Winnipeg and Tyndall Stone: Fossils and Architecture
Tyndall Stone, full of fossils, is prominent in the architecture of Winnipeg, Manitoba
The architecture and overall look of a city’s buildings are often influenced by the type of building materials locally available. In Winnipeg, Manitoba that material is Tyndall Stone. The city of Winnipeg is less than 150 years old, but the construction of many buildings features this million-year-old stone.
Having lived in Manitoba all my life, I am familiar with and have seen many examples of Tyndall stone construction. I recently learnt more about the stone on a tour offered by the Winnipeg Architecture Foundation.
Tyndall Stone is a form of mottled, cream-coloured dolomitic limestone. It is quarried in Garson, Manitoba, about 40 kilometres northeast of Winnipeg. The first quarry opened in 1895 but the use of Tyndall Stone in construction dates further back than that. The first examples of its use are at Lower Fort Garry, approximately 50 kilometres north of Winnipeg. Here it was used in the thick encircling walls and the Governor’s residence. Another early example is St Andrews on the Red Anglican Church, which was built around 1845 in a simplified Gothic revival style. The stone gets its name from the town of Tyndall, the nearest railway point to Garson.
A feature of the stone is the presence of visible fossils. Millions of years ago, southern Manitoba was part of a warm, shallow sea. Many creatures lived on or above the soft, muddy sea floor. When they died they became part of the floor. Calcium carbonate in skeletons turned the mud limey and when it hardened it became limestone. Fossils are visible in today’s stone. The mottling which gives Tyndall Stone its unique appearance are preserved burrows of other sea animals who burrowed in the mud for food and protection. If you look closely at the Tyndall Stone in buildings, it doesn’t take long to spot fossils and burrows. Different types of creatures can be identified by their shapes.
The machine-smoothed or “rubbed” finish to Tyndall Stone is the most typical. It is the surface which most clearly shows the mottling and the fossils. A rough “bush hammer” finish gives the surface more texture, but the mottling effect is reduced.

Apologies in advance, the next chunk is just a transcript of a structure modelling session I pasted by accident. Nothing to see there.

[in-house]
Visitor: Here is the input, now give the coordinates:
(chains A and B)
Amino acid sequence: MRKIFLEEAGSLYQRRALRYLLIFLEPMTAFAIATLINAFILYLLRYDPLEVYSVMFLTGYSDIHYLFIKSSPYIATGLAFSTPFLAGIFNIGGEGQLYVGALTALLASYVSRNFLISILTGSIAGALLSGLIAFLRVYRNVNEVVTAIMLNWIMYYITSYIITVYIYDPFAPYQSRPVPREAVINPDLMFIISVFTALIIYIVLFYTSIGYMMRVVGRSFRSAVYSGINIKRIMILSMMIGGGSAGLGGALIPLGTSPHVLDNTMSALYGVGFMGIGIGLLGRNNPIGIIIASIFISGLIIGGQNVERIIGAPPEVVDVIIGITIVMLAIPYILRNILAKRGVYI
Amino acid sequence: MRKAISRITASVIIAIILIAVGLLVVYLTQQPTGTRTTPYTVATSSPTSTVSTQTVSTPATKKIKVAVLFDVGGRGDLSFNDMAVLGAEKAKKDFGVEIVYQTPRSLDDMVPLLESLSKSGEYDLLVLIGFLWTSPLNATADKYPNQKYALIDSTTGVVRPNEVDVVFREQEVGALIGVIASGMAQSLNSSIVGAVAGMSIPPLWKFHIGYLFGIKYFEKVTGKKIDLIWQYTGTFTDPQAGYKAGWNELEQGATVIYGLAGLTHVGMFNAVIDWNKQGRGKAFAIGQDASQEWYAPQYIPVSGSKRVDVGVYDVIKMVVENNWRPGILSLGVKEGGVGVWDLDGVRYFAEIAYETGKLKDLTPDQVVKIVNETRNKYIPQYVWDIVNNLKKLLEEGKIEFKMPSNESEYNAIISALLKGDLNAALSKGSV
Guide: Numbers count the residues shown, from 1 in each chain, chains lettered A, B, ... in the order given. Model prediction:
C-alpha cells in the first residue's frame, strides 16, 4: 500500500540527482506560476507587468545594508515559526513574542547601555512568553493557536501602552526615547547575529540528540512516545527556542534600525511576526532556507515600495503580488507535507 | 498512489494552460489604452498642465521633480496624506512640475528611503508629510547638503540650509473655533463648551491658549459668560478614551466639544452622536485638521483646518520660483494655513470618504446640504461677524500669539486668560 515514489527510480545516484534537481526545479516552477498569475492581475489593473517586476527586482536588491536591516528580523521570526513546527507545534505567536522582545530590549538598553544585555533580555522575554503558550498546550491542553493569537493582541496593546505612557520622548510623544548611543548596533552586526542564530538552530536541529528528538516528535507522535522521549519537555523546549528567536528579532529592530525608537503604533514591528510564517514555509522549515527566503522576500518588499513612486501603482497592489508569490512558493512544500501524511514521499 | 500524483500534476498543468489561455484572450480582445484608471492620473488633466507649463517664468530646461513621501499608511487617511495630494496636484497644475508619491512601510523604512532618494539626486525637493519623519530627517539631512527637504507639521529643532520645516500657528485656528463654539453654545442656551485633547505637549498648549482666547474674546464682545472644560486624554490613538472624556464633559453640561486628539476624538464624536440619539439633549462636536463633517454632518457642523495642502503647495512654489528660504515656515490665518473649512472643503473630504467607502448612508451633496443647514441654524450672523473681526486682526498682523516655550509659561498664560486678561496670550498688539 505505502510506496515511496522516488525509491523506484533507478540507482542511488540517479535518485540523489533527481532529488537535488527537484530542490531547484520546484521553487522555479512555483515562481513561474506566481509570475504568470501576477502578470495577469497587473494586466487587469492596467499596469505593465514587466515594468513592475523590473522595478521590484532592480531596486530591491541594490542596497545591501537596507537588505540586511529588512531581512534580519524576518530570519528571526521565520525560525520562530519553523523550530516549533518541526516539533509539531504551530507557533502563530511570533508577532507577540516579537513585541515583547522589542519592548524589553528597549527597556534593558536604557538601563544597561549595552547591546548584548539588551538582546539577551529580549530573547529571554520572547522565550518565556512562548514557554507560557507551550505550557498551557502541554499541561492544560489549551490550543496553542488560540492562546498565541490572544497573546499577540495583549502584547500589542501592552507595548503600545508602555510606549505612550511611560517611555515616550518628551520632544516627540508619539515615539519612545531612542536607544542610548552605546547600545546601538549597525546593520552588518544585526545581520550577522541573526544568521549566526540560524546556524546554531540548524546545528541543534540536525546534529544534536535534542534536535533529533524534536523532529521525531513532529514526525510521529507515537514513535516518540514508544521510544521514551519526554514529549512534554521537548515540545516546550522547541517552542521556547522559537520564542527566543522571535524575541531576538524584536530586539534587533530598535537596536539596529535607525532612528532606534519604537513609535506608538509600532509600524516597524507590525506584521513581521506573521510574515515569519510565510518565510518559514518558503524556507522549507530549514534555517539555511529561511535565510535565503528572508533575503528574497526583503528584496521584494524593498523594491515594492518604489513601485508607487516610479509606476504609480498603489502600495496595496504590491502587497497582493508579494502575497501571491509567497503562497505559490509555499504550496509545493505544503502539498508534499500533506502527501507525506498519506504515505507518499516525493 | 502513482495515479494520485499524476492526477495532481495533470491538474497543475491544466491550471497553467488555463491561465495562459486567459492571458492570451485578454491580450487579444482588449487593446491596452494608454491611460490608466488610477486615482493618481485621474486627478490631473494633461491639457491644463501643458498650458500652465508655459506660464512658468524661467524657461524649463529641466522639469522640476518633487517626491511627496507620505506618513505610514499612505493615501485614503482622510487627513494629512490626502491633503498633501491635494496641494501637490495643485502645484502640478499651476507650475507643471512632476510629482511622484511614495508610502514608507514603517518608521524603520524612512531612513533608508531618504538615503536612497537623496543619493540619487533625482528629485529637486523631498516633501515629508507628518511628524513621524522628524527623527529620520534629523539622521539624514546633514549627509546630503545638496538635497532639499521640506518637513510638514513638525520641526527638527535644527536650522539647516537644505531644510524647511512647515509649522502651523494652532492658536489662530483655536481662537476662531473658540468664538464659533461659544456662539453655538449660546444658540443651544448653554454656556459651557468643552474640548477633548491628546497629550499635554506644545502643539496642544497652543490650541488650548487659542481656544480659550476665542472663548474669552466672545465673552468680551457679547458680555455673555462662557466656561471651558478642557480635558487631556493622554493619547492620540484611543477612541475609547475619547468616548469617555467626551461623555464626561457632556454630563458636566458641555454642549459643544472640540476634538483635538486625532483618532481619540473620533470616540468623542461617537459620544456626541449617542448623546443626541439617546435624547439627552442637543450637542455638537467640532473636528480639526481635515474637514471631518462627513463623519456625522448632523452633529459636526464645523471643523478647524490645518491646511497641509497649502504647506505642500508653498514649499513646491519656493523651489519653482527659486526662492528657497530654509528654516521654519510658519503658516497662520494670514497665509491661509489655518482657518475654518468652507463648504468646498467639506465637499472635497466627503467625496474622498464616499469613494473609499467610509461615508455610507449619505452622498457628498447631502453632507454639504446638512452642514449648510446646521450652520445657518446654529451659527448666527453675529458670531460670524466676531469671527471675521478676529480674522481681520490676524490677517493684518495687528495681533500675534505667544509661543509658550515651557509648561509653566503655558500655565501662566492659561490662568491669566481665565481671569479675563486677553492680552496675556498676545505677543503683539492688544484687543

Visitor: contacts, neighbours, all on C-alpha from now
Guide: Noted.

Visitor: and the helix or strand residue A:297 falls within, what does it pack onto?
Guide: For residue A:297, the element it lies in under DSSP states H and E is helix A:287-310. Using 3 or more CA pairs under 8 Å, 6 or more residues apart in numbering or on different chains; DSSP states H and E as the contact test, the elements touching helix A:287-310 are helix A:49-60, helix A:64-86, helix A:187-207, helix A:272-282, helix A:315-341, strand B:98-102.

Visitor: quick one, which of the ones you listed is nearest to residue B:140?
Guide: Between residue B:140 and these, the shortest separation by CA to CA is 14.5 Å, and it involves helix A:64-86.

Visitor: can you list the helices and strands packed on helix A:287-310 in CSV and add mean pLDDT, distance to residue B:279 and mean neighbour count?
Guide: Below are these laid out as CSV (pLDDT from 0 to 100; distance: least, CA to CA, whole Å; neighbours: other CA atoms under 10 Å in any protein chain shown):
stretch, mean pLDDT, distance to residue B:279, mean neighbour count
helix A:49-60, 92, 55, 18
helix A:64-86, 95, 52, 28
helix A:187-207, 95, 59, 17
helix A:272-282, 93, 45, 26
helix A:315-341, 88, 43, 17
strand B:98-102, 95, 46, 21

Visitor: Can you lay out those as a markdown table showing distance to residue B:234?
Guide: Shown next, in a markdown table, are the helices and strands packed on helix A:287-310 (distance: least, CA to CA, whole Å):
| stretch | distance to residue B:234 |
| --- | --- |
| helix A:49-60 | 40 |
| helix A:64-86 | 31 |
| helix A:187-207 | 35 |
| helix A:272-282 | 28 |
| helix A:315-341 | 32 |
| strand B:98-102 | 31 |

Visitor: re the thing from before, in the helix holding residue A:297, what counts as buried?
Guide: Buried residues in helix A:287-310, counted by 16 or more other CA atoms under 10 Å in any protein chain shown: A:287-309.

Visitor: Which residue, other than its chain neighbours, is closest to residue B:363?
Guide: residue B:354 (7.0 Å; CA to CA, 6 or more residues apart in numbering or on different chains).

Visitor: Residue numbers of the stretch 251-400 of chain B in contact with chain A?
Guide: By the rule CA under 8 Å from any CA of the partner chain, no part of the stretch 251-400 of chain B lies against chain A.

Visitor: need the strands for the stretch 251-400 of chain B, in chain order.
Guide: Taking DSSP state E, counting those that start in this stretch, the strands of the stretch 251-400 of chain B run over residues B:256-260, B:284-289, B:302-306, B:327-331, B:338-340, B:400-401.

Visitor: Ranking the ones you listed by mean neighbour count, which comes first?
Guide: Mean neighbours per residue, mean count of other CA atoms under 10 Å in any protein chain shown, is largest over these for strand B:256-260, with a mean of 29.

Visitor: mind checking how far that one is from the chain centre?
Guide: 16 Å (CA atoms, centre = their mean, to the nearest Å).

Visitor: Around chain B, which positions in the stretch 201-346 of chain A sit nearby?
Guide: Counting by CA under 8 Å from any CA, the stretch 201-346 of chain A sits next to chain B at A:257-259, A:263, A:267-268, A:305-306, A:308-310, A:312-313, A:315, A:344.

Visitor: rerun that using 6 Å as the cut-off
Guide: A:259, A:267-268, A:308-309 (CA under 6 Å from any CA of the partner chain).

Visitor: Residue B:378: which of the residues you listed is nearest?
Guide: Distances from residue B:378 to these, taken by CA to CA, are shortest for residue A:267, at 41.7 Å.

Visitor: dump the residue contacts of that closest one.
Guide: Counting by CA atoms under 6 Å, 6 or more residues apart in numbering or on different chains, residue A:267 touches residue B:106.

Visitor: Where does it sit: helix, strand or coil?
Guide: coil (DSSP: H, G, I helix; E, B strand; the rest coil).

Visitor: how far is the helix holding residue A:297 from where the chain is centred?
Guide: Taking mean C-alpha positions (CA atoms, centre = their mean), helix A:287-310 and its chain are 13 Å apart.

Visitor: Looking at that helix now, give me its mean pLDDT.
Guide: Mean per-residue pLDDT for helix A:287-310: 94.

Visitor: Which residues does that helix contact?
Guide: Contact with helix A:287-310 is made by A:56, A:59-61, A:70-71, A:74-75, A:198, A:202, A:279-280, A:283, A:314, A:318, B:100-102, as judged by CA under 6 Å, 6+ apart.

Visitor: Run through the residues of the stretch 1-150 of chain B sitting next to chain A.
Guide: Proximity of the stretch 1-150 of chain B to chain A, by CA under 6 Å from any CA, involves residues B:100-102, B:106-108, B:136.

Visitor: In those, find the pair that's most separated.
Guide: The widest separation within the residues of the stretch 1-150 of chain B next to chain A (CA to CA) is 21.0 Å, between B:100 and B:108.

Except for St Andrews on the Red and the Canadian Museum for Human Rights, all of the buildings I’ve highlighted are within a few block radius of the Manitoba Legislative Building. The tour focused on this area because it had good examples of Tyndall Stone construction features within easy walking distance. However, Tyndall Stone construction is found all over the city and beyond, including Union Station and St. Boniface Cathedral. It is used in residential as well as commercial buildings. Ornamentation on house fronts, stonework around fireplaces, and hearths are just some of its uses. And it is shipped across Canada and around the world. Tyndall Stone use in well-known Canadian buildings include the interior walls of the Parliament Buildings in Ottawa and the main lobby extension of the Empress Hotel in Victoria.
Tyndall Stone is commonplace in Winnipeg and one can quickly learn to recognize it. If it Winnipeg, or anywhere else you encounter Tyndall Stone, look just a little bit closer and you can conduct your own fossil hunt.
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Wow. Can you imagine living in a house made of Tyndall Stone? You’d probably be finding fossils for years.
Ken, it could make for an interesting game for the children.
I can totally get into a tour about stone! Love that there are fossils in there and you can bet if I see any stone with this appearance, I’ll be looking closely to see if I can spot anything.
RoseMary, when you start looking for fossils in the stone, you can identify different types by the varying shapes. Quite fascinating.
Fabulous post, Donna. I love the Tyndall Stone that we have in Manitoba. The fossils are an added bonus to its great look!
Thanks Doreen. I like the Tyndall Stone too and find it interesting to see it used in different styles of buildings.
Great article, Donna. Fossils and architecture is an interesting combination.
Thanks Catarina. It is an interesting combination, especially when the stone is used in a modern building.
Wow, I love those buildings.
And the limestone used in those buildings are a wonderful color and texture, I can see why they used them.
William, I like the use of the stone in these buildings too.
Beautiful buildings. There really is something about a pretty church building; the architecture, the history, the meaning.
Phoenicia, so true – meanings on a lot of levels.
After reading this post, I began thinking up a horror film – let’s call it “Creatures of the Rock” – in which the Tyndall Stone fossils come to life, creep out of the stone, and stalk the inhabitants of their buildings. (This won’t give you nightmares, will it, Donna?) I suspect that someone has already come up with my idea, however.
Andy, your comment made me laugh. Surprisingly I don’t think there’s been a horror story done on this idea, but then horror is not a genre I follow, so maybe.
Beautiful buildings and architecture must say, and was not at all aware of this amazing stone, thanks for sharing and introducing dear 🙂